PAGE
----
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SPECTATORS ALONG THE SHORE OF LITTLE DETROIT LAKE enjoyed the warmth of bonfires as they watched the Polar Fest fireworks Saturday night.
SPECTATORS ALONG THE SHORE OF LITTLE DETROIT LAKE enjoyed the warmth of bonfires as they watched the Polar Fest fireworks Saturday night.

A Polar-Rific Weekend

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Detroit Lakes Detroit Lakes, 56501

Detroit Lakes Minnesota 511 Washington Avenue 56501

Buzzing.

That was the word of the day Saturday, as warm, sunny weather made for one of the most successful Polar Fests in recent Detroit Lakes history.

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Snowmobiles for the vintage show and ride were buzzing around the lake.

Fishing reels buzzed as they released line into the popped holes of the youth fishing derby.

Chainsaws and ice augers buzzed with power as ice was cut, chipped and pulled out of the lake in preparation for the polar plunge.

The pavilion was buzzing with a swirl of activity as kids jumped in inflated games and the Jaycees served up food and drink.

Members of the volunteer Polar Fest committee agree the phenomenal turnout for the weekend festivities was record-breaking.

"This is the most teams we've ever had for this," said Detroit Lakes Community and Cultural Center Program Brent Wolf, speaking of the Ice Tee Golf Tournament held Friday afternoon across from Zorbaz.

"Five years ago we started out with only five teams, and we just keep growing every year," said Wolf.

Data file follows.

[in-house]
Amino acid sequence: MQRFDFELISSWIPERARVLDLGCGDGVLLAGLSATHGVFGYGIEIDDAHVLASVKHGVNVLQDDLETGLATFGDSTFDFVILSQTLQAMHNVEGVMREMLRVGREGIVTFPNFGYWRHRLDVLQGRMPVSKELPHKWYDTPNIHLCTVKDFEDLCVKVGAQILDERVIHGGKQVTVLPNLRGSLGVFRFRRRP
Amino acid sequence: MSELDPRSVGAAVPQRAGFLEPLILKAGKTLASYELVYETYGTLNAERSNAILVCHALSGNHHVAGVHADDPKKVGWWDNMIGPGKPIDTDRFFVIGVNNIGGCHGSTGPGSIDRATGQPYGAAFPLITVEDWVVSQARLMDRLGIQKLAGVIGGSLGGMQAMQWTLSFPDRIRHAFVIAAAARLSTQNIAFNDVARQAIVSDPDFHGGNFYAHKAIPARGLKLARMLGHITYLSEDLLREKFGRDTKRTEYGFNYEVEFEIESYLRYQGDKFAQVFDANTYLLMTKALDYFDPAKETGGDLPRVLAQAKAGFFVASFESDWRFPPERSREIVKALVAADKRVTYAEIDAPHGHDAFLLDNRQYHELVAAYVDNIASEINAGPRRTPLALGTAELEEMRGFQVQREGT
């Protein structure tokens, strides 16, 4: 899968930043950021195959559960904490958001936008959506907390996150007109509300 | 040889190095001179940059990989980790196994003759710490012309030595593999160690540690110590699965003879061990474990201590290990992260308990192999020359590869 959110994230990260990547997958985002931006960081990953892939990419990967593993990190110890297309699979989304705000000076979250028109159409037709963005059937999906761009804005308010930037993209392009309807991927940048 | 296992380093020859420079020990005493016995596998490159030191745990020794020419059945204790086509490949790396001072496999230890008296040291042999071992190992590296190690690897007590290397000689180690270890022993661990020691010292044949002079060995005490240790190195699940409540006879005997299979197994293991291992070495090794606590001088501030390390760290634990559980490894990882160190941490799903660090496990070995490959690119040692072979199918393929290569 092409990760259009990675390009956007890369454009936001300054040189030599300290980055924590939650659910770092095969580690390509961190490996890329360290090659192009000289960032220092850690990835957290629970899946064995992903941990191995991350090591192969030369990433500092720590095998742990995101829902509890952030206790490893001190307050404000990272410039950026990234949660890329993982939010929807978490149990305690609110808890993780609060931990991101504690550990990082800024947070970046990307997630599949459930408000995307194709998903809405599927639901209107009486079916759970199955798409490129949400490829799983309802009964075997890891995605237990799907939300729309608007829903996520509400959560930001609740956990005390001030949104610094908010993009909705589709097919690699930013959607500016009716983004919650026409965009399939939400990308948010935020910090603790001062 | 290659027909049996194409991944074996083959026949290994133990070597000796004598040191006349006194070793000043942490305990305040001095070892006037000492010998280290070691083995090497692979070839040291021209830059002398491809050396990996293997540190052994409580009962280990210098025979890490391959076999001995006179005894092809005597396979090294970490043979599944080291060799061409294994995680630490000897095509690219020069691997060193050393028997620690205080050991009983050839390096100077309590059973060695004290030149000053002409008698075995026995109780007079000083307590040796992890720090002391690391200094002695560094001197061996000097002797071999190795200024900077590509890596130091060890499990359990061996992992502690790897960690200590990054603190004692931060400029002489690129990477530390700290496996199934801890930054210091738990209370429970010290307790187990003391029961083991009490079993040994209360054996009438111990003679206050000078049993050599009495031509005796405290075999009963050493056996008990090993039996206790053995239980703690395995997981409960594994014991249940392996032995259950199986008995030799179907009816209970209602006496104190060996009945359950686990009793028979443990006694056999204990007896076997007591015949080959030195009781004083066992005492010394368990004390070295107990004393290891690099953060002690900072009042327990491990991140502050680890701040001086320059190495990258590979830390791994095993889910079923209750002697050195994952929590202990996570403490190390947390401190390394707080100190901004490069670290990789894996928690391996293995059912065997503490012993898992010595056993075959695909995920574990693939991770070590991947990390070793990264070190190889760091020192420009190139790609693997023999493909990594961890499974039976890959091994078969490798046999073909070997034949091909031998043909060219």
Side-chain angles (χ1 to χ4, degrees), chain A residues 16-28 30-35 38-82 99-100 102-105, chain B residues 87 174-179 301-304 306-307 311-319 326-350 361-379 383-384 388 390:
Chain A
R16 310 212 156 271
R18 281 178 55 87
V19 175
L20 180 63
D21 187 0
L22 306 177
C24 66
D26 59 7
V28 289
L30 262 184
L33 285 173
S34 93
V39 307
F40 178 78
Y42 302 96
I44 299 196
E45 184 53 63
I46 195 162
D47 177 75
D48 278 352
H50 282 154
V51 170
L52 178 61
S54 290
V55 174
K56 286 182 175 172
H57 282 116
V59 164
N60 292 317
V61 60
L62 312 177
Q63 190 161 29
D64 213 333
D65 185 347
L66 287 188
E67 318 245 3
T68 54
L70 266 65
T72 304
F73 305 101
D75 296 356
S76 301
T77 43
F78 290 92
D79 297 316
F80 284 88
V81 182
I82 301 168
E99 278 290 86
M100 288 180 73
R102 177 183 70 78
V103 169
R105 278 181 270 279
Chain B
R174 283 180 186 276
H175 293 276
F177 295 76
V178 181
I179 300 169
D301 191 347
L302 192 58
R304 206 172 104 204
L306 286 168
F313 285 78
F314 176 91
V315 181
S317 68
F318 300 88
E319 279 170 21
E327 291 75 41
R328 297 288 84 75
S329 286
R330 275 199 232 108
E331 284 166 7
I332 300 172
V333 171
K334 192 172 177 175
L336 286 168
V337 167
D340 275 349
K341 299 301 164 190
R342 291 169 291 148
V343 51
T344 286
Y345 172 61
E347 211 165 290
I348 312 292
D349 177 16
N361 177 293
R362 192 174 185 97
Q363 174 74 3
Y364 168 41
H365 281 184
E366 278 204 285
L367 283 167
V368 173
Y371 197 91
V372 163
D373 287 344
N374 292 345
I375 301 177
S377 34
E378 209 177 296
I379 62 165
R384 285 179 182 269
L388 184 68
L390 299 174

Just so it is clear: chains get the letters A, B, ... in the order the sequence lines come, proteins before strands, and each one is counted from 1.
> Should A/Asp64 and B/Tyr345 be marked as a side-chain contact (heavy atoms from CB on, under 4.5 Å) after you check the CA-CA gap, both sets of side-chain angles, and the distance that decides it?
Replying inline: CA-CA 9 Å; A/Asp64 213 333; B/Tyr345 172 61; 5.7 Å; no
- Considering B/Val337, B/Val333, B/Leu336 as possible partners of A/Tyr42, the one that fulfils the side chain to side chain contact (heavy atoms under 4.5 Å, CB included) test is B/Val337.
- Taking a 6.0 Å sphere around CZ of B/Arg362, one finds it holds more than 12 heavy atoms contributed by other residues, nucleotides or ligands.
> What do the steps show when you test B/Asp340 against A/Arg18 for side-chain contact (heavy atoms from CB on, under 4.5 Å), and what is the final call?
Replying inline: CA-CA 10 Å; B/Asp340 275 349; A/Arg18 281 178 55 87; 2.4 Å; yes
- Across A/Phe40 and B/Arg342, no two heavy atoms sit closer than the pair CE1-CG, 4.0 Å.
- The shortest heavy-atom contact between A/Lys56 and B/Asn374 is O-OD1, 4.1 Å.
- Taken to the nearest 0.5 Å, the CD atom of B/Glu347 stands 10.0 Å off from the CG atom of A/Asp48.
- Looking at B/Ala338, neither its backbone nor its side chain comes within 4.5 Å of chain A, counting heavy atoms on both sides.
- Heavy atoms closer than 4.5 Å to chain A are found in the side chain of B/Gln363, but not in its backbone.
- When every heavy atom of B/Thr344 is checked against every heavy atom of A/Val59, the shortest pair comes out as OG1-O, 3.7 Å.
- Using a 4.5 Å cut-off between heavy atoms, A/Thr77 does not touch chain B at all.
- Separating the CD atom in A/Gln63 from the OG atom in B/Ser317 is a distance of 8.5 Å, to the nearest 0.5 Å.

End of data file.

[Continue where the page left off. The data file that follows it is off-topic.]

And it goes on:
Seventeen teams trudged across the lake, which had been cleared and designed to resemble an 18-hole frozen golf course.

"We've got fun berms of snow instead of sand traps and water," said Wolf. "It's just taking advantage of the weather we live in -- if you can't beat it, join it."

Money raised for the event went to children's programming at the DLCCC.

Tchider Financial, Bremer Bank and Lakeridge Dental teams tied for first place.

The Freeze Your Buns 5-K race featured buns that were only slightly chilled, as a record number of runners participated in that event -- 138 of them.

Wesley Bakken buzzed through those 3.1 miles in only 17 minutes and 52 seconds, winning the race.

The Youth Fishing Derby saw around 75 local children vying for the big pan catch, which were a bit hard to come by, according to Marty Kumpula of the DL chapter of Minnesota Darkhouse & Angling Association, the group that put on the derby.

"There was a lot of activity out on the ice with snowmobiles driving around and everything, but the kids still caught perch and sunnies -- no croppies, though," said Kumpula, adding that they gave away a couple of bikes during a drawing and trophies to the biggest catch in a boys' and girls' division.

Not too far away from the derby, Polar Fest visitors were getting their first experience with kicksledding.

"They're a Scandinavian mode of transportation and now recreation," said Vicki Chepulis of Wadena's Green Island and provider of the kicksleds.

New to Polar Fest, the old fashioned looking sleds are designed to travel cross-country in snowy conditions.